“The Will” (Season 1, episode 2; originally aired 6/10/2001)
“The bounty of the universe is without limits,” claims Chandler Swanson, and it looks like he really believes it. If you’re running a pyramid scheme, wouldn’t you have to believe it? Your momentum will always carry itself, and the cosmos will keep giving.
As Chandler pitches a batch of cigar-chomping recruits on his special brand of delusion—it’s called BeautyVision, a “personal life-management system” that carries a $45,000 franchise fee—Adele Swanson entertains the wives on the other side of the pool. Adele is Chandler’s number-one acolyte, maybe even more convinced than he is that everything is beautiful, so all you need to do is take. She watches him do a swan dive into the pool. “He spends an hour on the StairMaster every day,” she coos. That’s her vision of the guy: A climber, endlessly ascending.
The reality is that he’s so far underwater, he’s dead. Dean Martin sings, “Ain’t that a kick in the head?” Chandler James Swanson, 1967-2001.
We expect death to be a muted coda to a person’s life—to serve as a fitting culmination to everything we knew of someone while they were alive. But in “The Will,” it’s more like a kick in the head.
David runs his business on the notion of death as a coda. As he makes funeral arrangements with Adele, he asks her what kind of car Chandler drove. David makes it seem like this is the most natural question: Do you know the specific model of your dead husband’s ride, Adele? Chandler drove the biggest, fastest BMW, Adele says. Reacting a little too quickly, David suggests the $9,000 Titan casket. “It’s a tribute,” he explains, selling death as a continuation of life.
Like Chandler, David believes his own pitch. So the discontinuity at the reading of Nathaniel’s will is too much for him. Half of Fisher & Sons goes to David, and the other half to his brother, “the prodigal.” Nate doesn’t want it, and he says so. “Well, excuse me,” David snaps, “while I go contemplate the irony of that.”
David threw his life into the funeral business, and now he gets the same as Nate does just for showing up. By David’s calculation, then, Nathaniel Sr. left him nothing. In fact, it feels like worse than nothing. David paid his dues. He paid the damn franchise fee! And like Chandler Swanson’s investors, he learns painfully late that the game was rigged from the start.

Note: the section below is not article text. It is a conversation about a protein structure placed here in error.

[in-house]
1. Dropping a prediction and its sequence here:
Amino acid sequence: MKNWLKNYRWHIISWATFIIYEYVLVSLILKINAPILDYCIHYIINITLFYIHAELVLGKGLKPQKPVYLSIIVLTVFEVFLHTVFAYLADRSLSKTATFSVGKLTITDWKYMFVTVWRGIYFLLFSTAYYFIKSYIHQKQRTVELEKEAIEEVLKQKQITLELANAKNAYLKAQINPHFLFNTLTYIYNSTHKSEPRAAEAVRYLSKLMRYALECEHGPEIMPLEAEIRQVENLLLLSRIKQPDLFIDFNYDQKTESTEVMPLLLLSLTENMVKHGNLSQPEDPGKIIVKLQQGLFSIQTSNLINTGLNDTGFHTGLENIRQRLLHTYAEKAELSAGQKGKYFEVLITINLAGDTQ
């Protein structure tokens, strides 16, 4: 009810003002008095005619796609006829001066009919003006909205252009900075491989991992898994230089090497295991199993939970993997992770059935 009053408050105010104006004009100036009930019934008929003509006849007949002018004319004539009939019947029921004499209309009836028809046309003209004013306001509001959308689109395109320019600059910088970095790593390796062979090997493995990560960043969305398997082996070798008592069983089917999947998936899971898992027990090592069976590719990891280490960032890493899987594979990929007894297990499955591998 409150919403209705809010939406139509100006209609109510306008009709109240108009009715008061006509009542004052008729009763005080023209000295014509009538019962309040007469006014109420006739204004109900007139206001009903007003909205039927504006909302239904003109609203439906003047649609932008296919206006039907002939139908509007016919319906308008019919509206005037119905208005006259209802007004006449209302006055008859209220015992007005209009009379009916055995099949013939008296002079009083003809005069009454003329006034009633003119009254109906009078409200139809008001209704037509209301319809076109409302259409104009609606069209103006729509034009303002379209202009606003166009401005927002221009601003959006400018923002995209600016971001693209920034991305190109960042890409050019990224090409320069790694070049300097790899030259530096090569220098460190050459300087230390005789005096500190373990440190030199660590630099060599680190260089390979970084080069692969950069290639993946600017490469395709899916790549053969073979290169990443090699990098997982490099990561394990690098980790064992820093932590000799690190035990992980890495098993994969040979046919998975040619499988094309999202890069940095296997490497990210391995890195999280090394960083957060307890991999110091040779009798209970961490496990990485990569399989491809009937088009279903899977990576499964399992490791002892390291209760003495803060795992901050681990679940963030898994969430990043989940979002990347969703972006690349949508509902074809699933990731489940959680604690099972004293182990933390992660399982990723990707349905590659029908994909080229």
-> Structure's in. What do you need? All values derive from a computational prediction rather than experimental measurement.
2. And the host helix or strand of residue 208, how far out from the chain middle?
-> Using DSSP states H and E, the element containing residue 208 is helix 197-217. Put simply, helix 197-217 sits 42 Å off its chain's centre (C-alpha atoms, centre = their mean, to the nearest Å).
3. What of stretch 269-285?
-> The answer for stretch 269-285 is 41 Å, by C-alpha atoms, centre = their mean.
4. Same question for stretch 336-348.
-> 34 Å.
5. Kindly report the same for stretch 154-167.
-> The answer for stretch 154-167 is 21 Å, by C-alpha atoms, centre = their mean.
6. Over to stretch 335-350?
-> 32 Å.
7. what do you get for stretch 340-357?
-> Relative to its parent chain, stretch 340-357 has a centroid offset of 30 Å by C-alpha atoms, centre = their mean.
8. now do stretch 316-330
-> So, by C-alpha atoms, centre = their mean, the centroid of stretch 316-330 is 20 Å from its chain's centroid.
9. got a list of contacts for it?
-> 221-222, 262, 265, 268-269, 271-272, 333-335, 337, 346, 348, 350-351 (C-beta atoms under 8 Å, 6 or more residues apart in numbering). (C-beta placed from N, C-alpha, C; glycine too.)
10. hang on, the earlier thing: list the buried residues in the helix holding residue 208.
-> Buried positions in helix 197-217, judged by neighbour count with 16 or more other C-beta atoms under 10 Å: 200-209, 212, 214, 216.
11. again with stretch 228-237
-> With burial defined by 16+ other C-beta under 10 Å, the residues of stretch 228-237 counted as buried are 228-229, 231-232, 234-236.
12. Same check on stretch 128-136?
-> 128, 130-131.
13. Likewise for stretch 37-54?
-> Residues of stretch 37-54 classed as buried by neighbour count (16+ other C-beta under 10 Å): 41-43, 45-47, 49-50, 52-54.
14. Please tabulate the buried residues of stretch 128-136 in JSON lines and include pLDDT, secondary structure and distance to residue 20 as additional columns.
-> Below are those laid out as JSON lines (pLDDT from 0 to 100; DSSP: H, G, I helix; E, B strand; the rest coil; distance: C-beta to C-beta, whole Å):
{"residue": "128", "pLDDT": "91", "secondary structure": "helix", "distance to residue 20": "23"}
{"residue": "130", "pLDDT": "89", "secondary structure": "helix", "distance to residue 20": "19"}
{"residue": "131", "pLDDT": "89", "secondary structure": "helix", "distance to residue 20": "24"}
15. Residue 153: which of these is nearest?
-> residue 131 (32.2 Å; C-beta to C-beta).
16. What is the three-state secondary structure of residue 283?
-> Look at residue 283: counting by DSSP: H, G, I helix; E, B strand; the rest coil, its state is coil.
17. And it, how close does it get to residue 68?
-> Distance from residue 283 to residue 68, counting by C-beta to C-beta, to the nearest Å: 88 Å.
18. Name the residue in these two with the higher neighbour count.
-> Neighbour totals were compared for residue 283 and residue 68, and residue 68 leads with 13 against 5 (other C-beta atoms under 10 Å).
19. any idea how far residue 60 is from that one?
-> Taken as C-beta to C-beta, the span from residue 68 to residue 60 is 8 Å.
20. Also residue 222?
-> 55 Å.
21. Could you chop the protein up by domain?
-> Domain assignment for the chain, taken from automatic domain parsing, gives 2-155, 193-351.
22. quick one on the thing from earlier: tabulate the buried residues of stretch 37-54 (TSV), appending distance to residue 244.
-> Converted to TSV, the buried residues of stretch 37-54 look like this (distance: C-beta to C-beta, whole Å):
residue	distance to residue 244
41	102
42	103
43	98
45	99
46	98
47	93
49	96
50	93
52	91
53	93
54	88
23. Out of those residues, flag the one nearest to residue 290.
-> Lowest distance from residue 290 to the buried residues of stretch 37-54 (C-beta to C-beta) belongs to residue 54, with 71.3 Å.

Brenda’s first scene in the episode sees her searching for wounds as she massages Nate. “We’re all wounded,” she explains as she probes Nate’s back for sore spots. “We carry our wounds around throughout life and eventually, they kill us.” She fetishizes wounds, especially the ones hidden underneath; she literally wants to stick her fingers in them. Hence the shiatsu.
Over a lunch date, Brenda tells Nate that he’s attracted to her because she was there for a painful moment. There’s truth to this. It’s tempting to say that Brenda’s distance and coldness are what make her enticing to Nate—the old cliché that he’s attracted by the challenge. But there’s nothing to indicate that Nate is the kind of guy who thrives on “hard to get.” Whenever Brenda pushes away, Nate is more annoyed than intrigued. The more justifiable explanation is that yes, Brenda was there for a moment of emotional rawness, and therefore Nate feels a bond.
So Brenda is probably right that Nate comes back to her because she was there for a moment of deep pain, but what she leaves out is that she’s attracted to Nate for the same reason. She got to see him with this horrible, gaping wound, and she can’t look away. She needs to poke at him and find more.
Note that she doesn’t let Nate to do the same. Late in “The Will,” in a mirror of their first scene, Nate finds himself exploring Brenda’s back. And there’s this tattoo: “Nathaniel.” It’s a wound of Brenda’s, a startling one. There’s no way she’ll allow him the pleasure of exploring it, though. She brushes it off. The tattoo isn’t about Nate. It’s someone else. “Well, you obviously liked some guy enough to have his name burned into your flesh,” Nate says. She replies, “I would have done a lot more than that for him.” It’s one line with two pointed messages. This is a profound injury, she’s saying, and you don’t get to touch it.
Brenda’s different from the Fisher kids. Unlike her, they allow themselves to indulge in the pleasure of being vulnerable with another human being. That pleasure is what draws Nate to Brenda, and it’s what makes a drunken David curl up in a standing fetal position on Keith’s doorstep, casting himself as the put-upon little undertaker with the world on his shoulders. David’s specific tale of woe on this night is a lie—he spent the night rejecting the compassion of his ex-fiancée—but it’s accurate in terms of how he views himself. Keith, quietly pissed at being lied to, decides to spend the night alone. He’s happy and even eager to be David’s shoulder to cry on, but not at the price of his dignity.
Then there’s Gabriel. His dignity goes cheap. He looks into Claire’s eyes in the high-school parking lot and sees that they’re full of hurt. (We can see it, too, thanks to the reliably heartfelt performance of Lauren Ambrose.) Gabe surmises that he might be able to parlay this hurt into a handjob. Claire never seems younger than the moment when she falls for the line, “You know how much guts it takes to be someone like you?” When I say she seems young, though, I don’t exactly mean that she’s dumb. She still knows that Gabriel is full of it when he plays her up as the tragic, misunderstood victim. But she also knows how good that feels. She gets high on the same drug as her brothers.
We meet Ruth’s boyfriend, Hiram the hairdresser, for the first time. He’s played by Ed Begley Jr., in an unexpected casting choice. Hiram had a narrative in mind for Ruth: She was imprisoned by her obligations to her husband and to the Fisher & Sons business, and he provided the first breath of freedom. Now that Nathaniel’s dead, Hiram’s ready for the coda. They’ll run away somewhere, naturally.